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Beowulf Sheehan

Sloane Crosley wrote her new memoir as a 'tribute' to her friend who died by suicide

The book, out Feb. 27, is a meditation on grief.

This story discusses suicide. If you or someone you know is struggling or in crisis, help is available. Call or text 988 or chat at 988lifeline.org.

In June 2019, the author Sloane Crosley opened the door to her apartment and noticed that things weren’t quite as she had left them. Several drawers had been smashed against her floor. Shattered ceramic pieces created a trail that led to an open window.

She realized she had been burglarized. Dozens of pieces of jewelry were missing, including several treasured heirlooms that were her grandmother’s and great-grandmother’s. (She’s quick to note that she treasured the jewelry, not her grandmother, who she says was abusive.)

This material loss is the first form of grief that Crosley writes about in her new memoir, “Grief Is for People,” though the book's main subject is a darker one — the loss of her dear friend and colleague, Russell Perreault, to suicide.

“It’s impossible to predict how much you’ll miss something when it’s gone, to game grief in advance,” Crosley writes in the book.

“I started to write it as a tribute to my friend and a recognition that this story was both universal and incredibly unusual."

Sloane Crosley

When I chat with Crosley about the process of writing this memoir, I start by telling her that I am deeply sorry for her loss and am selfishly excited to have a new book of hers to read.

“Grief Is for People,” which she calls the “most obvious, most blunt title there ever was,” is Crosley’s sixth book and first memoir. Even for someone who has written dozens of deeply personal essays, this one is strikingly vulnerable. “I started to write it as a tribute to my friend and a recognition that this story was both universal and incredibly unusual,” Crosley tells TODAY.com in an exclusive interview. “I wanted something that felt like it captured the ridiculousness of mourning without being glib or mocking it.”

Crosley, 45, who was born in White Plains, New York, met Perreault at Vintage Books, the paperback division of Knopf, where they both worked as publicists. She dedicated her third collection of essays, “Look Alive Out There,” to Perreault before his death; the irony of the title is not lost on her. “You can’t make it up,” she says, laughing.

“Grief Is for People” is divided into five parts that mimic the five stages of grief coined by psychiatrist Elisabeth Kübler-Ross. But in Crosley’s memoir, bargaining comes before anger and “acceptance” is renamed “afterward.”

“It’s just what came,” Crosley says. “I am in that section of the book, both hoping that it’s not true (and) sort of coming out of denial. Instead of being angry or depressed, I immediately start thinking, ‘Maybe I can get Russell back.’”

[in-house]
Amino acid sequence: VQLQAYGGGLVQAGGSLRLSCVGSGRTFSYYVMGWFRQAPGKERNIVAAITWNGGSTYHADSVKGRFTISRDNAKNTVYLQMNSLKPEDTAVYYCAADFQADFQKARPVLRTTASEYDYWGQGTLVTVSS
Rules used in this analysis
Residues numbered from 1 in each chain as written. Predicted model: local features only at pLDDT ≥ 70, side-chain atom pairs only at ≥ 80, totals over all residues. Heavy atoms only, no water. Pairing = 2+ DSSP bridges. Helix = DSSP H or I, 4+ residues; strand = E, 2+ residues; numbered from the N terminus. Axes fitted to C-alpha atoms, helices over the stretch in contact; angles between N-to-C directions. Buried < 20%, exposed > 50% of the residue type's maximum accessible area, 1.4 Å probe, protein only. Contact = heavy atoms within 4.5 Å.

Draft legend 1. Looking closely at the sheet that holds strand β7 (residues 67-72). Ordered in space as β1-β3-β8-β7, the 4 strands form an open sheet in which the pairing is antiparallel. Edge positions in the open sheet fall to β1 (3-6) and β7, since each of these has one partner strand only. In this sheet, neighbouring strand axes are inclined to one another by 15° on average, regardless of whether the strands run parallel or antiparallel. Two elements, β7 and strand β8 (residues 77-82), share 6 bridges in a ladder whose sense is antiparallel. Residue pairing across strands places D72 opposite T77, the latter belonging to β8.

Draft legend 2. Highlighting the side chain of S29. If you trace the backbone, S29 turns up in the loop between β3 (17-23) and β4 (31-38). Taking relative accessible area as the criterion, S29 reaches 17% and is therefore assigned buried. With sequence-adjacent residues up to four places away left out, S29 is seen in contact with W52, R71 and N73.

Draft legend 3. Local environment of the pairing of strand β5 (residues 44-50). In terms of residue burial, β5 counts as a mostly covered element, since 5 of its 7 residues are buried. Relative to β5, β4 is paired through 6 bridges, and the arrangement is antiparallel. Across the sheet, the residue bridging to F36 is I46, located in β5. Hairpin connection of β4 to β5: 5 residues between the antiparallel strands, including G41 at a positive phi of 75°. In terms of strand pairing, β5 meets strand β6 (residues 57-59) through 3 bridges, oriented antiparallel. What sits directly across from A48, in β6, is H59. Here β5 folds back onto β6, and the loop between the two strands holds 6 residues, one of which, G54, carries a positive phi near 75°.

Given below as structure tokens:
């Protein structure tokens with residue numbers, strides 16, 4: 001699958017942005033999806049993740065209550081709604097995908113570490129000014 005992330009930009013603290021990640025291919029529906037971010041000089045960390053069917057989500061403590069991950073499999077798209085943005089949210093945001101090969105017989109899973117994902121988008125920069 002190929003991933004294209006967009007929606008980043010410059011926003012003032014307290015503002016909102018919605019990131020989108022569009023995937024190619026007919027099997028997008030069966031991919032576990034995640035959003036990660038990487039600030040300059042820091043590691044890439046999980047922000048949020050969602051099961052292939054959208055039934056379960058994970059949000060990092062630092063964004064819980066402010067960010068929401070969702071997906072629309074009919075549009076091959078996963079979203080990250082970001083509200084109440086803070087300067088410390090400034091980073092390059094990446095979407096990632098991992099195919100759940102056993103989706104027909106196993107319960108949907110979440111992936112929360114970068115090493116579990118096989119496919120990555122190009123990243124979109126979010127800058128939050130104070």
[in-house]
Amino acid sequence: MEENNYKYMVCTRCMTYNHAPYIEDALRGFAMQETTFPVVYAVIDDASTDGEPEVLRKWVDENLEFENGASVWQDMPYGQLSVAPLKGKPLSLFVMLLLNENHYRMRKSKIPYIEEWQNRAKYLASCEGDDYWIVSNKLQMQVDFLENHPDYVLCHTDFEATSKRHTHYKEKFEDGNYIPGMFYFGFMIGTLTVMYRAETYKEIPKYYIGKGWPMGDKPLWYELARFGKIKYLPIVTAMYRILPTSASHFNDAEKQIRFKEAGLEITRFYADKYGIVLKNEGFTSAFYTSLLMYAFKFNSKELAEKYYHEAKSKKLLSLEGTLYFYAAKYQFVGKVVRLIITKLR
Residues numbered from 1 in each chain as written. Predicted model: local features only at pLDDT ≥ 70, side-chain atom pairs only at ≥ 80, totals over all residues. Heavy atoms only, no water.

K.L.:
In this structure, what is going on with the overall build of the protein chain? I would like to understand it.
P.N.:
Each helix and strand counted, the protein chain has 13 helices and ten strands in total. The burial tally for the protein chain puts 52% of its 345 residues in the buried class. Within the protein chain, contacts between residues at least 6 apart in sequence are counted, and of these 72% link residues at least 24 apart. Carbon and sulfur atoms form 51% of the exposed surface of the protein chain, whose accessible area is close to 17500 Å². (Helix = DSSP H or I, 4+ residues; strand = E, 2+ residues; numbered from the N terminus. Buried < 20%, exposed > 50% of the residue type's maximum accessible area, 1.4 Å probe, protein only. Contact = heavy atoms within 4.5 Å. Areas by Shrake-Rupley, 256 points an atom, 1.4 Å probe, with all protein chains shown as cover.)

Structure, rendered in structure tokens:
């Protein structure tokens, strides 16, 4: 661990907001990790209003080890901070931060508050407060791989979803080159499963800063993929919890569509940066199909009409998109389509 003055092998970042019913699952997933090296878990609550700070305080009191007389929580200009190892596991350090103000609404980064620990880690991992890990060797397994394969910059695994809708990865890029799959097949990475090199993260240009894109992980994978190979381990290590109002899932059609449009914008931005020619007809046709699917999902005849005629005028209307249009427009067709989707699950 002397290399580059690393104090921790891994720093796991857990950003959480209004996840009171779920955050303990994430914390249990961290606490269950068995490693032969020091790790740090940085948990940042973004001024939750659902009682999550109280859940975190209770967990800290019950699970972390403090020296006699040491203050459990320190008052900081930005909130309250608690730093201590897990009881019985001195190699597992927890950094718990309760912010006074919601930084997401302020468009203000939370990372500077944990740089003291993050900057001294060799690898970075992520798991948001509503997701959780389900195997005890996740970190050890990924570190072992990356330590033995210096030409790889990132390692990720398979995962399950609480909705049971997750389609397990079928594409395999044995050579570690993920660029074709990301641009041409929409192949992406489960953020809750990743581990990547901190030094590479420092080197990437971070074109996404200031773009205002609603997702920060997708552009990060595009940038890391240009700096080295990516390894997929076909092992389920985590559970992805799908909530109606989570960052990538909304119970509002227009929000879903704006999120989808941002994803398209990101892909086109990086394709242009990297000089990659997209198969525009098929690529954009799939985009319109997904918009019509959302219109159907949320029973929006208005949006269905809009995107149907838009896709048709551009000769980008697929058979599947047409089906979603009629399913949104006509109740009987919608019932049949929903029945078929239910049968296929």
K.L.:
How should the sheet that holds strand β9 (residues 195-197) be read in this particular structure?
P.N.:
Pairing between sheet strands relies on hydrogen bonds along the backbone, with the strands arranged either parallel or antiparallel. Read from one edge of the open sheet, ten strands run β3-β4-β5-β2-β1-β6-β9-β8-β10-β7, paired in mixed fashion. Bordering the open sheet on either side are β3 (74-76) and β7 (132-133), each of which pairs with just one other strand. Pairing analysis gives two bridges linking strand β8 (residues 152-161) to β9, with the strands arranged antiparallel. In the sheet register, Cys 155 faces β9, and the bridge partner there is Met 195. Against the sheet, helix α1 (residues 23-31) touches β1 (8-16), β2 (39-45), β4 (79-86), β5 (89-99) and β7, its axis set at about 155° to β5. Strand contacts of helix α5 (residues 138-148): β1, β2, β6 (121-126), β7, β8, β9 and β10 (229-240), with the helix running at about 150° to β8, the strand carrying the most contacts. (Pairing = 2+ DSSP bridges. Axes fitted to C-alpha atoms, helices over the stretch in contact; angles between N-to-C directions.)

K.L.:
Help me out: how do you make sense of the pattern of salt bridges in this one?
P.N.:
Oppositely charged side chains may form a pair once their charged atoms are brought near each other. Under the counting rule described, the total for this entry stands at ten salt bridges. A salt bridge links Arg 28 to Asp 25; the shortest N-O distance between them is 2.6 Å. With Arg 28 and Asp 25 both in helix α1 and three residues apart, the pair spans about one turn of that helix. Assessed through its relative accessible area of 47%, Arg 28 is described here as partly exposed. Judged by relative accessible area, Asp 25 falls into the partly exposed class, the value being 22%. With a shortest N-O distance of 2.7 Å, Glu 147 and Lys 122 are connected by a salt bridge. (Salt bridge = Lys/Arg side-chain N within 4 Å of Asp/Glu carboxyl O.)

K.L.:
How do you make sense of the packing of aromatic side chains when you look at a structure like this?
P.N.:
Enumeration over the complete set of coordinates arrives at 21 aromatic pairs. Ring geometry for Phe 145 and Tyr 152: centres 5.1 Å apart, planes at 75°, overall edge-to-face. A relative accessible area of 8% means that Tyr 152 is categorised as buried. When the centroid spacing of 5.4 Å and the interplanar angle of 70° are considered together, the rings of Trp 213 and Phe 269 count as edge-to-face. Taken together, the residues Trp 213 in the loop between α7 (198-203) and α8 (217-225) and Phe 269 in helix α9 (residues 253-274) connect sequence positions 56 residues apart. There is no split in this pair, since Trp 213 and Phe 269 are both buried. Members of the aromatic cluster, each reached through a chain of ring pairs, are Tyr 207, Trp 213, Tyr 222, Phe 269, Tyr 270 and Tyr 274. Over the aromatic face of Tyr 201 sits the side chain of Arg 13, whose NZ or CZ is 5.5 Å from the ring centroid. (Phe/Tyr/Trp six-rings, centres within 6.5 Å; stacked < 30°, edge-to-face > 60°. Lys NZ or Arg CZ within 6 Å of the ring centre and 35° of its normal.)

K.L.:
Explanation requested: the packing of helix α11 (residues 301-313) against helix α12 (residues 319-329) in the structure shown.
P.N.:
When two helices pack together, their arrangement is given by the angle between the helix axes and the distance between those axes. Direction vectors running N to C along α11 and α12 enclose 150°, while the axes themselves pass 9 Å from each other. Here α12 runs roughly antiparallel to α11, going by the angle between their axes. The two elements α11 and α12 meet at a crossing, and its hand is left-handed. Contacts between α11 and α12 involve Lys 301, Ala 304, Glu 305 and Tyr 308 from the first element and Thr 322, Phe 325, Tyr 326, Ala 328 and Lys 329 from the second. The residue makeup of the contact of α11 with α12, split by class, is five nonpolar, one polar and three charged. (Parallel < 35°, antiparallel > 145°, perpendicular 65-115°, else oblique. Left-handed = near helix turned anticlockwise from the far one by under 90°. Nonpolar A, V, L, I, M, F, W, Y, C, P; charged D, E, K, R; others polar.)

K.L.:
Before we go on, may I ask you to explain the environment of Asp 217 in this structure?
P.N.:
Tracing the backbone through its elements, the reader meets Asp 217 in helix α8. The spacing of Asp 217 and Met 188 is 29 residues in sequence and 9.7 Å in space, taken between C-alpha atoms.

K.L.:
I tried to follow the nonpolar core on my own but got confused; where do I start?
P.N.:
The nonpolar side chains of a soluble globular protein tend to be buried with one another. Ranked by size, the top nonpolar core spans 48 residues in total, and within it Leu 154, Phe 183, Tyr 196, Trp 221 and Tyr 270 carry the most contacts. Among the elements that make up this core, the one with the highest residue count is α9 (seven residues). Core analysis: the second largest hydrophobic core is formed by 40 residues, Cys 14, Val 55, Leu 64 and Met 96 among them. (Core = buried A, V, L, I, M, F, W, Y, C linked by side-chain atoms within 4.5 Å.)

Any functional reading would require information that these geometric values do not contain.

This is exactly what sets “Grief Is for People” apart from Crosley’s past works, mostly humorous looks on everyday experiences. It’s a reminder for anyone who has lost a loved one to suicide that there is no right way to grieve. It is, after all, for people.

“I think the whole world has agreed that the stages are not supposed to be perfectly linear. If you move through them and then you’re fine, that sounds wonderful. Most people don’t experience that,” Crosley says.

Still, Crosley finds a way to knit her signature cheeky humor into the fibers of the book. She experiences depression at the height of the COVID-19 pandemic, which she includes in the book.

“I almost feel more of a compulsion to tell people or warn people that there’s a small COVID section in the book more than I do that it’s about suicide,” she says. “I think people are less squeamish about reading about death and grief. I think they’re actually hungry for it. They crave it, but nobody wants to hear jack about toilet paper and hand sanitizer. I don’t blame them.”

About 50,000 Americans died by suicide in 2022, with the largest group being white men, according to the Centers for Disease Control and Prevention. It’s an alarming mental health crisis and one that most people still don’t know how to talk about, says Crosley. “I don’t want to police people who are just trying to be there for their friends and family in mourning, but just trying to give them a little bit of a nudge.”

Even after she wrote a nearly 200-page memoir about loss and grief, I still want to be careful with what I ask Crosley, which awkwardly proves her point that we lack the language to adequately talk about suicide.

She’s quick to say that she is no expert either. So I ask her plainly what she wishes people understood about suicide and those who are grieving, now that she counts herself among one of them.

“What I would want other people to know about a grieving person, is that you have to find the words to sidestep the clichés. Start with declarative statements such as how much you’re sorry, how much you think the other person must have been so wonderful who’s gone — not grilling them with questions,” she says.

“Grief Is for People” is a departure from her previous books, but you’ll still probably find yourself laughing while reading. If you do, she’ll count it as a success.

“We wouldn’t miss the people that we miss if they were one-note people — if they were always melancholy, always brant, always sad, always funny, always gentle, always hilarious. And Russell was all of those things. So the book is there for all of those things,” she says.

“And at the end of the day, I have confidence in what the book is. No matter what, it’s a tribute to my friend and a way of saying, ‘Not so fast.’”